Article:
What Is Bubbling Beneath Windhoek?

THERE is a destructive force of selfishness within the political echelons of the City of Windhoek. Reports this week about how prime land has been changing hands among the city’s elite and those armed with political connections are, for lack of a better word, shocking!

The public reacted angrily to these reports and it doesn’t take a brain surgeon to notice why. Thanks to the alleged manipulations of systems and regular protocol, the public is currently engulfed in anger, with some threatening to – at the very least – boycott this month’s elections.

Land remains a hugely sensitive matter in Namibia and when those entrusted with administrating its distribution show signs of cronyism and utter insensitivity, the consequences could be far-reaching.

The Namibian government’s position on land is very clear and the determination to reverse injustices of our colonial past is there for all to see. President Hifikepunye Pohamba is on record as stating, in an interview with television network Al Jazeera two years ago, that if recklessly handled the land situation may lead to a revolution by the landless.

President Pohamba was visionary is his analysis and frank in his determination that the time for equitable distribution of land is now.

It is however disappointing, if not disrespectful, that the president’s position on land and particularly his clarion call for equitable access to this critical means of production are being violated with impunity.

Sadly, those at the helm of these violations are not being held accountable despite the voluminous chunk of public trust they continue to take away from the government they are supposed to represent with honour and trust.

When one thinks of the previous era’s pass laws, discriminating Acts and violent riots, there is no denying that Namibia is today a better place for black people to live in.

But we are gradually moving in a direction where black public officials are, in a poorly disguised manner, repeating the theatrics of this country’s discriminatory past.

The volumes of discontent observed on social networks and the media this week in reaction to the way the mayor of Windhoek, Agnes Kafula, has been handling the City’s disposal of land to those with whom she enjoys close links are worrying.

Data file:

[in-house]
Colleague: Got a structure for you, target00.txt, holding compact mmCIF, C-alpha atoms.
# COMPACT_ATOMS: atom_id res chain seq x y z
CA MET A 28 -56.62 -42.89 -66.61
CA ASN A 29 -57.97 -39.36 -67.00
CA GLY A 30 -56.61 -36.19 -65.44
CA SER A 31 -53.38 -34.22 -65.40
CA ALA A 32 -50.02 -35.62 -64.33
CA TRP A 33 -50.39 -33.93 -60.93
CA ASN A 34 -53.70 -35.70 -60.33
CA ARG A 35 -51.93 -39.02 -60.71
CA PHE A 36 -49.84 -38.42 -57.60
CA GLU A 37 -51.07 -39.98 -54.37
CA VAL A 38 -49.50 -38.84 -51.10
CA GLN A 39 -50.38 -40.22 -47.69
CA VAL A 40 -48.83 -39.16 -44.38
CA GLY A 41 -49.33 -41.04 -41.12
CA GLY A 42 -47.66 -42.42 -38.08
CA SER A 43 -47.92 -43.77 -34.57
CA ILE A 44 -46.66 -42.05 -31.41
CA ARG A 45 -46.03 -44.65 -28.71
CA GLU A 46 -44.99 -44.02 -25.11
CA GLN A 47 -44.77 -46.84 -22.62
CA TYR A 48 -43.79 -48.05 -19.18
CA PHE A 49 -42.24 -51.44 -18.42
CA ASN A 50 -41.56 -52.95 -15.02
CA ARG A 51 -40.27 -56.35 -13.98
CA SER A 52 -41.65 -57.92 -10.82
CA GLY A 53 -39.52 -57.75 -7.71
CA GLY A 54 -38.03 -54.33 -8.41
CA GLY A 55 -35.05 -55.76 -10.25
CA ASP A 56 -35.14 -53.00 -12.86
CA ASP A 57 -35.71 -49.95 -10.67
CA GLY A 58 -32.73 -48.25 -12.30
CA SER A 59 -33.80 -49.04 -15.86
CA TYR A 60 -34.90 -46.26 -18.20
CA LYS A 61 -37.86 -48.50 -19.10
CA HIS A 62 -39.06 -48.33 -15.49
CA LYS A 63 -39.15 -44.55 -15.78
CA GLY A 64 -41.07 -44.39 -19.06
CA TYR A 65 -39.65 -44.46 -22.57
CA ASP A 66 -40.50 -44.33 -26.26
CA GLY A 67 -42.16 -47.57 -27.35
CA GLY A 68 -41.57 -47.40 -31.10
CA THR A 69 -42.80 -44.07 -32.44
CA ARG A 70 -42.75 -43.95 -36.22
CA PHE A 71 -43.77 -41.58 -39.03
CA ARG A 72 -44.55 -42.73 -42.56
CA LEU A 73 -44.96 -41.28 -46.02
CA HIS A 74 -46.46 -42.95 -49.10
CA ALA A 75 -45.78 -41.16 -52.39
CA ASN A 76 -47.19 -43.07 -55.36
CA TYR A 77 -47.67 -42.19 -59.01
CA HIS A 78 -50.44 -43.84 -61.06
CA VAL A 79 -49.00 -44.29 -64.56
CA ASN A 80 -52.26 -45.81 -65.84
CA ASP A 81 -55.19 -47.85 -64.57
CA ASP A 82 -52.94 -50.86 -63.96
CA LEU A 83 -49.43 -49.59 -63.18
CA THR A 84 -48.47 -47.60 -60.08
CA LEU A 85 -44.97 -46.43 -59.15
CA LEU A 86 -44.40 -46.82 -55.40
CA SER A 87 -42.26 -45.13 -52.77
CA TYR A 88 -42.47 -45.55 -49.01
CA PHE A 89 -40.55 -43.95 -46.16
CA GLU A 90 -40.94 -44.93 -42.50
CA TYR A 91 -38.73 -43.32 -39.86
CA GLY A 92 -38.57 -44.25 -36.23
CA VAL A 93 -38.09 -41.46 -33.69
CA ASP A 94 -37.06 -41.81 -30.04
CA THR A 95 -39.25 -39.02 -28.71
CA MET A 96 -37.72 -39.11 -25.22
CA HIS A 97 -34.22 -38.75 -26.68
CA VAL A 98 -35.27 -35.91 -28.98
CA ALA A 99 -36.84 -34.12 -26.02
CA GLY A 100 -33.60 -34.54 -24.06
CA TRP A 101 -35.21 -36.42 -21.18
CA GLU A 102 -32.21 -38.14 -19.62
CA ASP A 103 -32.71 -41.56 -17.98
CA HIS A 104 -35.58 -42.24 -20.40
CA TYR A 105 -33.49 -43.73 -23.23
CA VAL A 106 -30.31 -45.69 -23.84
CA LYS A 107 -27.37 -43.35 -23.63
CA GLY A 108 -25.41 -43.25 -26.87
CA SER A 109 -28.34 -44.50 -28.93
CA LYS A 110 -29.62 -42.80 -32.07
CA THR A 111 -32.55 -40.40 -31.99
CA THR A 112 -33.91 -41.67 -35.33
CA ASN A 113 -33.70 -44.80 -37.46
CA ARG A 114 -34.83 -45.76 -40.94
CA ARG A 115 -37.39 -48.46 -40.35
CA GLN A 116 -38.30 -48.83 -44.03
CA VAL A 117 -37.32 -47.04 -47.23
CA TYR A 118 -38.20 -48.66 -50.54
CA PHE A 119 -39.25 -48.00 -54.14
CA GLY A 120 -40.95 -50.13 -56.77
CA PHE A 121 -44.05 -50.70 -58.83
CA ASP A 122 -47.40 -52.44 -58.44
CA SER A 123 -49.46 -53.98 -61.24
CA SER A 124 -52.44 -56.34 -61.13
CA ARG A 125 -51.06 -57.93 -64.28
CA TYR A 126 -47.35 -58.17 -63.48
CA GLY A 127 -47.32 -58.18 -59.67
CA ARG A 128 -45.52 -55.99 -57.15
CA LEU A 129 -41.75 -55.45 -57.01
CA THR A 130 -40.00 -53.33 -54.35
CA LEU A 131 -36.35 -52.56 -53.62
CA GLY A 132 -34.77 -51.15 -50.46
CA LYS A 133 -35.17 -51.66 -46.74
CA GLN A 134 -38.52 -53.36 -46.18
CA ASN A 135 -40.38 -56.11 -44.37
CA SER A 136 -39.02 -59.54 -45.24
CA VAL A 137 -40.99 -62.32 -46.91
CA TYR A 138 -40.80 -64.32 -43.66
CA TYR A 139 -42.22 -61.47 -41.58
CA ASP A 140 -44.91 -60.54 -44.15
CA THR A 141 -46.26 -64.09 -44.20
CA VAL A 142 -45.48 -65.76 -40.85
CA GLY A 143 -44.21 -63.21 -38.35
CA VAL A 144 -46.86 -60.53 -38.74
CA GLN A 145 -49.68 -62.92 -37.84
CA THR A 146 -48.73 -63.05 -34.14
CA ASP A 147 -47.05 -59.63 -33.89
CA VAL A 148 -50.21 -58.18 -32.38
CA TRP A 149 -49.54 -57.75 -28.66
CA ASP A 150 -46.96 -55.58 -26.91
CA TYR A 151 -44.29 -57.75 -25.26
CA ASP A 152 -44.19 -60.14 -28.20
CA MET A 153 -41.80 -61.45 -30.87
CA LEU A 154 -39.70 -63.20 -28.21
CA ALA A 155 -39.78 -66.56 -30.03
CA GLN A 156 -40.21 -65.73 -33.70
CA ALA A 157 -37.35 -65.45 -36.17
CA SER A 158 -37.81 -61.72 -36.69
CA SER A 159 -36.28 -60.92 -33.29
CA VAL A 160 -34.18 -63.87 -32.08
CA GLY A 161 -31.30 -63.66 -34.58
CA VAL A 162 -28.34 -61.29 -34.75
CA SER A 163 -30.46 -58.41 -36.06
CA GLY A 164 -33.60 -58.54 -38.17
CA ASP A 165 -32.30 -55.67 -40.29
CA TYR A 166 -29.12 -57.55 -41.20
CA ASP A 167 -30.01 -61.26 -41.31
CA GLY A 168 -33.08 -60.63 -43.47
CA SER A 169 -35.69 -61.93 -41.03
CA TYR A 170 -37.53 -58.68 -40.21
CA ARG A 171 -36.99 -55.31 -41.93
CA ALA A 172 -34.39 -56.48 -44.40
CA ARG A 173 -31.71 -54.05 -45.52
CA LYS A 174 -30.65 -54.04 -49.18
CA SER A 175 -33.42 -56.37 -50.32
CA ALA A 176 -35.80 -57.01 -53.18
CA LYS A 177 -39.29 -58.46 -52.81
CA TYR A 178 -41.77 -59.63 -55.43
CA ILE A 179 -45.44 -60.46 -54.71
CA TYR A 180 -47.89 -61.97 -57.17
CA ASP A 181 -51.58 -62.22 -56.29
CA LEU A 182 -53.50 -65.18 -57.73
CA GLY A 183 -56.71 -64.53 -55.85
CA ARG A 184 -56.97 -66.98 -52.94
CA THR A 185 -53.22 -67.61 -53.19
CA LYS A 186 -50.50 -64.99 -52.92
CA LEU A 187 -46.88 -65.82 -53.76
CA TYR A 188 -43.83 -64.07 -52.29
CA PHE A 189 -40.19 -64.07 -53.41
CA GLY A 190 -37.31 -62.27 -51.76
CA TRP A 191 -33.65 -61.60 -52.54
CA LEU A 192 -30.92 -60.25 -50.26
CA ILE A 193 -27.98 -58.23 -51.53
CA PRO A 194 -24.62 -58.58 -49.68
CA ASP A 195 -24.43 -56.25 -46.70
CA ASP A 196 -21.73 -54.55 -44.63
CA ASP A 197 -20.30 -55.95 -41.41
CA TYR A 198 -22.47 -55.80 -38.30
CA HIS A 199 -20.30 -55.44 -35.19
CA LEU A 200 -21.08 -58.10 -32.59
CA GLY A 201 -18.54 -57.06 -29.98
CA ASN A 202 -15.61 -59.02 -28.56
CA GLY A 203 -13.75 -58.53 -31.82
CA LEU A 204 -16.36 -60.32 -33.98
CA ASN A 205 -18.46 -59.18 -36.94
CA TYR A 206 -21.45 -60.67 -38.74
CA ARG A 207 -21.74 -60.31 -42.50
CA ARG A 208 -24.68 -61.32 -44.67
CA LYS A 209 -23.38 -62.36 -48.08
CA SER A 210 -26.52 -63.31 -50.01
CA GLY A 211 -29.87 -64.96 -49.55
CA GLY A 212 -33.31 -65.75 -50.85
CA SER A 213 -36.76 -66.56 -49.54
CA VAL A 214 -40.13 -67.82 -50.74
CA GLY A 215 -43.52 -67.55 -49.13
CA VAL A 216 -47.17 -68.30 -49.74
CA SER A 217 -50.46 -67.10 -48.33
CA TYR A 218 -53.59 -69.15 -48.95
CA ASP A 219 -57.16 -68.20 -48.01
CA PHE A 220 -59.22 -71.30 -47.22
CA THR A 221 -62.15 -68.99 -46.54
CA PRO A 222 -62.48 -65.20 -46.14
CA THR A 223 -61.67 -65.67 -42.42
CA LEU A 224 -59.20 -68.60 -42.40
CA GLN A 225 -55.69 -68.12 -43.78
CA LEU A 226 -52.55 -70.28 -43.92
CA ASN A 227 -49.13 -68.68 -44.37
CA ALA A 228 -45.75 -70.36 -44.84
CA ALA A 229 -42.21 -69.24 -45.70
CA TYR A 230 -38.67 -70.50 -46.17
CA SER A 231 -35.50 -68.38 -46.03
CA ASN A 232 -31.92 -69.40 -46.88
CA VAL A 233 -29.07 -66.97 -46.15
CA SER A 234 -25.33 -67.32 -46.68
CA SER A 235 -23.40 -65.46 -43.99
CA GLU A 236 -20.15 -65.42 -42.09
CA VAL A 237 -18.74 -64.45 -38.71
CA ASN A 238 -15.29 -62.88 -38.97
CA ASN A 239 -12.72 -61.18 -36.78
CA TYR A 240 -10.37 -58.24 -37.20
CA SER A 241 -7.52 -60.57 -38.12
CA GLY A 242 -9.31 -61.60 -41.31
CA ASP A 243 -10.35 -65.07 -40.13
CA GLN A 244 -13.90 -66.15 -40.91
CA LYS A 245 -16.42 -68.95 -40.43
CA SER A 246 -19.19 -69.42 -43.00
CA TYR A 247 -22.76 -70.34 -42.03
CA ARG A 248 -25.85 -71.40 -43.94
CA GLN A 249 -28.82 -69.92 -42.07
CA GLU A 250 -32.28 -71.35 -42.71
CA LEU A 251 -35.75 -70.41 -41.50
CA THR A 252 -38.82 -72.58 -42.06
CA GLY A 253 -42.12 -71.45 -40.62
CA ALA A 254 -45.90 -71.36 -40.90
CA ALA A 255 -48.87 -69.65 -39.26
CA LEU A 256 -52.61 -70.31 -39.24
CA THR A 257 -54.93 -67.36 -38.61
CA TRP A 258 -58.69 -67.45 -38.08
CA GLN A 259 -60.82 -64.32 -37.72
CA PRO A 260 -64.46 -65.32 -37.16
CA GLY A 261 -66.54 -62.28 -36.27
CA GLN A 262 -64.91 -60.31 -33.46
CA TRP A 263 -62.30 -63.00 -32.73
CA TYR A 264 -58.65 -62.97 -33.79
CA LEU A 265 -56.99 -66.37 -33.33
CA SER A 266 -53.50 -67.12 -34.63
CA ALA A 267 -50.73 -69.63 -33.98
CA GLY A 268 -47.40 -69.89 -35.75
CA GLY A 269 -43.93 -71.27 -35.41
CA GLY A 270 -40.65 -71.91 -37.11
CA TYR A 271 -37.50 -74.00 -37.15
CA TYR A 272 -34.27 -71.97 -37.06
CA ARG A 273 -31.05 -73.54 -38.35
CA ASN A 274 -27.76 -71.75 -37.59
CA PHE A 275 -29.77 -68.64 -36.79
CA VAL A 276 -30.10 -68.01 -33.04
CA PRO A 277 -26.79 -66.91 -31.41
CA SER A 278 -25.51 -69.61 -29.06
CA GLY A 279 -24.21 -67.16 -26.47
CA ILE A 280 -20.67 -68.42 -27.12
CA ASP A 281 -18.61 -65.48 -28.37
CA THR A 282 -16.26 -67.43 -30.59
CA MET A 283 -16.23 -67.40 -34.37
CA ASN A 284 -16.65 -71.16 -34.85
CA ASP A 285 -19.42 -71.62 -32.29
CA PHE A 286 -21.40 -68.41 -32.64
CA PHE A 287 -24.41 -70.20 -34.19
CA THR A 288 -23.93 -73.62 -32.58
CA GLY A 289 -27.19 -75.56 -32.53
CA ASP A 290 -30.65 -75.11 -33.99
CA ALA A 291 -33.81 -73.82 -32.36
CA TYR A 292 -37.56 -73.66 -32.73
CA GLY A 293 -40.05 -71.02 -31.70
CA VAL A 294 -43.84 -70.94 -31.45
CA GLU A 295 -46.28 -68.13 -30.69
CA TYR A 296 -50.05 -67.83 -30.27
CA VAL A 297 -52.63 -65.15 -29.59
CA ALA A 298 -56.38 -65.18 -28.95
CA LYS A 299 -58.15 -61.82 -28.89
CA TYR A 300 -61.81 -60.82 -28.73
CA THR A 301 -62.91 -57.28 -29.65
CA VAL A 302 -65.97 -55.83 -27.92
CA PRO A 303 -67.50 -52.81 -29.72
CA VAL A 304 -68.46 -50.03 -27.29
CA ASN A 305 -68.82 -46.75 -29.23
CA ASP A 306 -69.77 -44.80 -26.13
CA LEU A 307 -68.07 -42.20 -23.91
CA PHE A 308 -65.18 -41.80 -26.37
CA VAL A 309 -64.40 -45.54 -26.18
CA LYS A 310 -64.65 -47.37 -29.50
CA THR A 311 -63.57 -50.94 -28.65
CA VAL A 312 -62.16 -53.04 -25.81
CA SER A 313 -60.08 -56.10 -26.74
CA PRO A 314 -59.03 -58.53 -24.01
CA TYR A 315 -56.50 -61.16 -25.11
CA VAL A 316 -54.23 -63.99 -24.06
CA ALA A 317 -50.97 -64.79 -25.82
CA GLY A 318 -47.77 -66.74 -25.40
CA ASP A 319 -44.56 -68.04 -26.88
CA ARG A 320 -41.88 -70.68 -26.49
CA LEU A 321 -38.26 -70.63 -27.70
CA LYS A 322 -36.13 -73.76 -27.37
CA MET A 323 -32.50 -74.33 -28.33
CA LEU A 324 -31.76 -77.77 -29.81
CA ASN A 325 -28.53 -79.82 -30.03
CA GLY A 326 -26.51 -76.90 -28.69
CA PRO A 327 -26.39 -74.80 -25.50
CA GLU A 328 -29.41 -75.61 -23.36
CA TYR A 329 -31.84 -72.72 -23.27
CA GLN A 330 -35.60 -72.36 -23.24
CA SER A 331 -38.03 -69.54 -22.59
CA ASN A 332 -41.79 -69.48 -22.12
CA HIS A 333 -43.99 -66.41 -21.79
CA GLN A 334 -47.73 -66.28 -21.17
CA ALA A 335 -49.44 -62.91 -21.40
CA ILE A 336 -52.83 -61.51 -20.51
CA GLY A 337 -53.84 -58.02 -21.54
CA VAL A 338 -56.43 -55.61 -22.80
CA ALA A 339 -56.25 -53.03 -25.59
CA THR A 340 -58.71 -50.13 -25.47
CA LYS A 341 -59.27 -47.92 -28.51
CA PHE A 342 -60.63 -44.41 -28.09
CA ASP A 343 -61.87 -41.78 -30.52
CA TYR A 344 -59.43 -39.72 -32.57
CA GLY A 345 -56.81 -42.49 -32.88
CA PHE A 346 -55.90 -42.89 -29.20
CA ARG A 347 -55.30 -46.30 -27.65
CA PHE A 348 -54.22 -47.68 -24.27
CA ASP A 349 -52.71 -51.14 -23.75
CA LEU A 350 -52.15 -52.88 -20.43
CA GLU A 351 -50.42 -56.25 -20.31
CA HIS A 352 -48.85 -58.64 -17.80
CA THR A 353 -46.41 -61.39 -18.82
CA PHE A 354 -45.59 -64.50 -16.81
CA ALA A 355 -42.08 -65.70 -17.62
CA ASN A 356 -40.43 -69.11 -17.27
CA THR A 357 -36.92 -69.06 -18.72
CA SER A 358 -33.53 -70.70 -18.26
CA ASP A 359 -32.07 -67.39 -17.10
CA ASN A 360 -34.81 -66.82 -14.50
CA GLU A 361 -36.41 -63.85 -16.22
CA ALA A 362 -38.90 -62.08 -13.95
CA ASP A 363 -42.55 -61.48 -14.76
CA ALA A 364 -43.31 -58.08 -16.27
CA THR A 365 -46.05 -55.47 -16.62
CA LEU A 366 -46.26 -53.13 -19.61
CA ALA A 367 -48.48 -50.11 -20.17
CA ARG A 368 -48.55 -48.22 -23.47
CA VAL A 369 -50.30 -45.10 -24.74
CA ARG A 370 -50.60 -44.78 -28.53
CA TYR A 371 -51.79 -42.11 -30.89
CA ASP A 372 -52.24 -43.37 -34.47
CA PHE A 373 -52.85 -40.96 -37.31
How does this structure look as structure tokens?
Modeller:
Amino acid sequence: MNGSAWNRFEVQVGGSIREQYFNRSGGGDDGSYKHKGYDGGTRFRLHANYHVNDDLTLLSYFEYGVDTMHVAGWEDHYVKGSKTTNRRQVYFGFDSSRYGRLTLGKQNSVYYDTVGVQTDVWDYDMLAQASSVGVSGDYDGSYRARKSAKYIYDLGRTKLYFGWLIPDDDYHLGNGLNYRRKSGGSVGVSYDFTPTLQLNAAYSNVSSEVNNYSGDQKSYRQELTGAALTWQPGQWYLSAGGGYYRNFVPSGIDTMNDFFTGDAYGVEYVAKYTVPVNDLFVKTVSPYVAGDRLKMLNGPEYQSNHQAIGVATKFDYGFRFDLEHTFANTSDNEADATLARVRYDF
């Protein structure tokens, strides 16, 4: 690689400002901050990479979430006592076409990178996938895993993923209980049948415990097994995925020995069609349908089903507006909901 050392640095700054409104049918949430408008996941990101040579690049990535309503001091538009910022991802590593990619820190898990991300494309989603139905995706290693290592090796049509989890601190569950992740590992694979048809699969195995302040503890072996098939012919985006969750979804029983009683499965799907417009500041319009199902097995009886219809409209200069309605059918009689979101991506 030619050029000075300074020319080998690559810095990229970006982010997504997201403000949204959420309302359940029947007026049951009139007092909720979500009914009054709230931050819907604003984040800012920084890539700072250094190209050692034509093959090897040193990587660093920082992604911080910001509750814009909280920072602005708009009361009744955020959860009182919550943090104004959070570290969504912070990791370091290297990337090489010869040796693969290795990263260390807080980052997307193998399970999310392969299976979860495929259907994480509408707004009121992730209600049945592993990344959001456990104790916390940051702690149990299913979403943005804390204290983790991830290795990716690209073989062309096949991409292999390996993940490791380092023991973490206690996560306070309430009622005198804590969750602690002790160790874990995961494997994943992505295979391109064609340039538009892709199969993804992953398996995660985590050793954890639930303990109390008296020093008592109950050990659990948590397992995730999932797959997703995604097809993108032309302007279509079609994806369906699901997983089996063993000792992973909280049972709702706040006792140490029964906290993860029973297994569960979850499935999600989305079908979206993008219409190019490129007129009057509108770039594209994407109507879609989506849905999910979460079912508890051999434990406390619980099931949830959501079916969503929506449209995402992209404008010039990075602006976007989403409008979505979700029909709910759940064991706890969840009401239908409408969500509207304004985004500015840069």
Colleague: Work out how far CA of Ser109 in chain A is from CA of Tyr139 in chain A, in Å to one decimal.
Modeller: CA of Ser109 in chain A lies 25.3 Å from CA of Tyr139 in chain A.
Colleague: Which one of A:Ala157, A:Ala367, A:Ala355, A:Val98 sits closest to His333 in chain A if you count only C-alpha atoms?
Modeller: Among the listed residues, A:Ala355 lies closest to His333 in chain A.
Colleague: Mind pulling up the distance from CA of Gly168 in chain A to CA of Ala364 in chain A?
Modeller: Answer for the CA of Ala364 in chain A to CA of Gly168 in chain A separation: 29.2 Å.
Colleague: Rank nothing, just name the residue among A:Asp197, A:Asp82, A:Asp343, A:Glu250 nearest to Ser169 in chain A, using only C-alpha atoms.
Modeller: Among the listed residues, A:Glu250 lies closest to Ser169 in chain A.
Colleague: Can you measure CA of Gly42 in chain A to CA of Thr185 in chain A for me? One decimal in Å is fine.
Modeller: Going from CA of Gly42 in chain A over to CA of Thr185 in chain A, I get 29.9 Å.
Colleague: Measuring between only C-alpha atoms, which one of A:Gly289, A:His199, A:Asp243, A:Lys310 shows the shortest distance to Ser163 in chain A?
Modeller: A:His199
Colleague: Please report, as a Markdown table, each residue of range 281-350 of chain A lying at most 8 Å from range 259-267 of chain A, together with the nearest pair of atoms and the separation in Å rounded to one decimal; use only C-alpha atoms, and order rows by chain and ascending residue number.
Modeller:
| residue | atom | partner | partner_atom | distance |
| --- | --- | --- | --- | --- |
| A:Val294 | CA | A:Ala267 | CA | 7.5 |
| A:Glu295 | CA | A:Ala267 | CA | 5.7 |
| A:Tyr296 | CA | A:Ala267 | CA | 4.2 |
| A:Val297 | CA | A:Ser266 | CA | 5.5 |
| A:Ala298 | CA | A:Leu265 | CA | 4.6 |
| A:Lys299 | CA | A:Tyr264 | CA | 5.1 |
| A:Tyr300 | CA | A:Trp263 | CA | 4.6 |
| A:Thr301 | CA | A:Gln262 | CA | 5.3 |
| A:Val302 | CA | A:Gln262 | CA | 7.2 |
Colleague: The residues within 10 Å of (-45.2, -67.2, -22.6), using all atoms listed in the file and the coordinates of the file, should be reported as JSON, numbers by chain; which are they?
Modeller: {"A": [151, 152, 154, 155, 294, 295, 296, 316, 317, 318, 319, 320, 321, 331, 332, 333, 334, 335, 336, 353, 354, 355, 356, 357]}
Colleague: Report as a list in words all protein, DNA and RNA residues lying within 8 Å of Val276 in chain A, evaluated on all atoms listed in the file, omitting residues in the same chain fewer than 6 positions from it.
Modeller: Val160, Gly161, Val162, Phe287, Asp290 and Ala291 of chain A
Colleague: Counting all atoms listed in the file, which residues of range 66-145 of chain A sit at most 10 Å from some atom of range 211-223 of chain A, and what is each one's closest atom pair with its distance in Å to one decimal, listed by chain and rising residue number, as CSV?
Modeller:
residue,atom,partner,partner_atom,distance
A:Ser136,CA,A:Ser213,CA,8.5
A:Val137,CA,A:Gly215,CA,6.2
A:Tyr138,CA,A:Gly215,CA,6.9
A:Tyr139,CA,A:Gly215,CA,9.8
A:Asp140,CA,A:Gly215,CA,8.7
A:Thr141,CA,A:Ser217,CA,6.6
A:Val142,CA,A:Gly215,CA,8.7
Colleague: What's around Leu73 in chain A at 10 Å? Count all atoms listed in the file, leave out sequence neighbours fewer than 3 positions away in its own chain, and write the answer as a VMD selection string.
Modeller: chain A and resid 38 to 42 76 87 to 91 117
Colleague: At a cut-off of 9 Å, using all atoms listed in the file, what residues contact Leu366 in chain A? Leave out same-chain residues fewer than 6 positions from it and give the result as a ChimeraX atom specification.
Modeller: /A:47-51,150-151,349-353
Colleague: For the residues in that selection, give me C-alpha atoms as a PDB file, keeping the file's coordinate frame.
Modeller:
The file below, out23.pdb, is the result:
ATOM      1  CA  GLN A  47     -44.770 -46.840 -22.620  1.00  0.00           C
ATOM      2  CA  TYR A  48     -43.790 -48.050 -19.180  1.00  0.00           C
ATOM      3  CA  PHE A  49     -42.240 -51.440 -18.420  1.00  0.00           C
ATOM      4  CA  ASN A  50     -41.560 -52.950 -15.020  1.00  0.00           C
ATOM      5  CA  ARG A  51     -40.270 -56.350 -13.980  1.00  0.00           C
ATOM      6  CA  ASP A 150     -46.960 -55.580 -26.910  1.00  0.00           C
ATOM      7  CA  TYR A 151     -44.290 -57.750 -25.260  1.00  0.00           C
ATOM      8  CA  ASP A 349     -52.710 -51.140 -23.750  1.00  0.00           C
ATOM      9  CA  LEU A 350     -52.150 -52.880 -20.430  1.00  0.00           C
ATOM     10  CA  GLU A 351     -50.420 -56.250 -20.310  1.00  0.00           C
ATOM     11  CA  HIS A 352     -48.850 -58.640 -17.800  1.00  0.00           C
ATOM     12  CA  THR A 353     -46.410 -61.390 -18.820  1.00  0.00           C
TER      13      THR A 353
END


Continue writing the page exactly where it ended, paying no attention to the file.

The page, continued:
If such views represent the moderate discontents among Namibia’s black majority, we have to wonder what is bubbling beneath the surface. The young people in particular are not happy with the amount of attention being paid to their evident need for land.

The young people’s anxiety over land is flagrantly obvious to even the least capable of thinkers. But now the nation is bombarded with stories of land being put on public auction against a standing Cabinet directive, or being given away for a song to individuals connected to those in power.

Thanks to these shenanigans, the working class is gradually losing hope of ever owning land in their country of birth and are worried by the difficult prospects of raising a family in a rented flat. Most of these flats are owned by the very people who are starving others of land.

Few will deny that there is urgent need to rein in the principals at the City of Windhoek, especially the political heads. It is shocking that the City receives offers to purchase land and someone decides the land should rather be donated free of charge. Such decisions are clearly not in favour of the masses who vote councillors into power – meaning this is actually betrayal of the voters.

The nation’s emotional reaction to the City’s decisions is vividly on display and government should act swiftly to assure the worried masses that all will be well and that their dreams of acquiring land are not far-fetched.

Source : New Era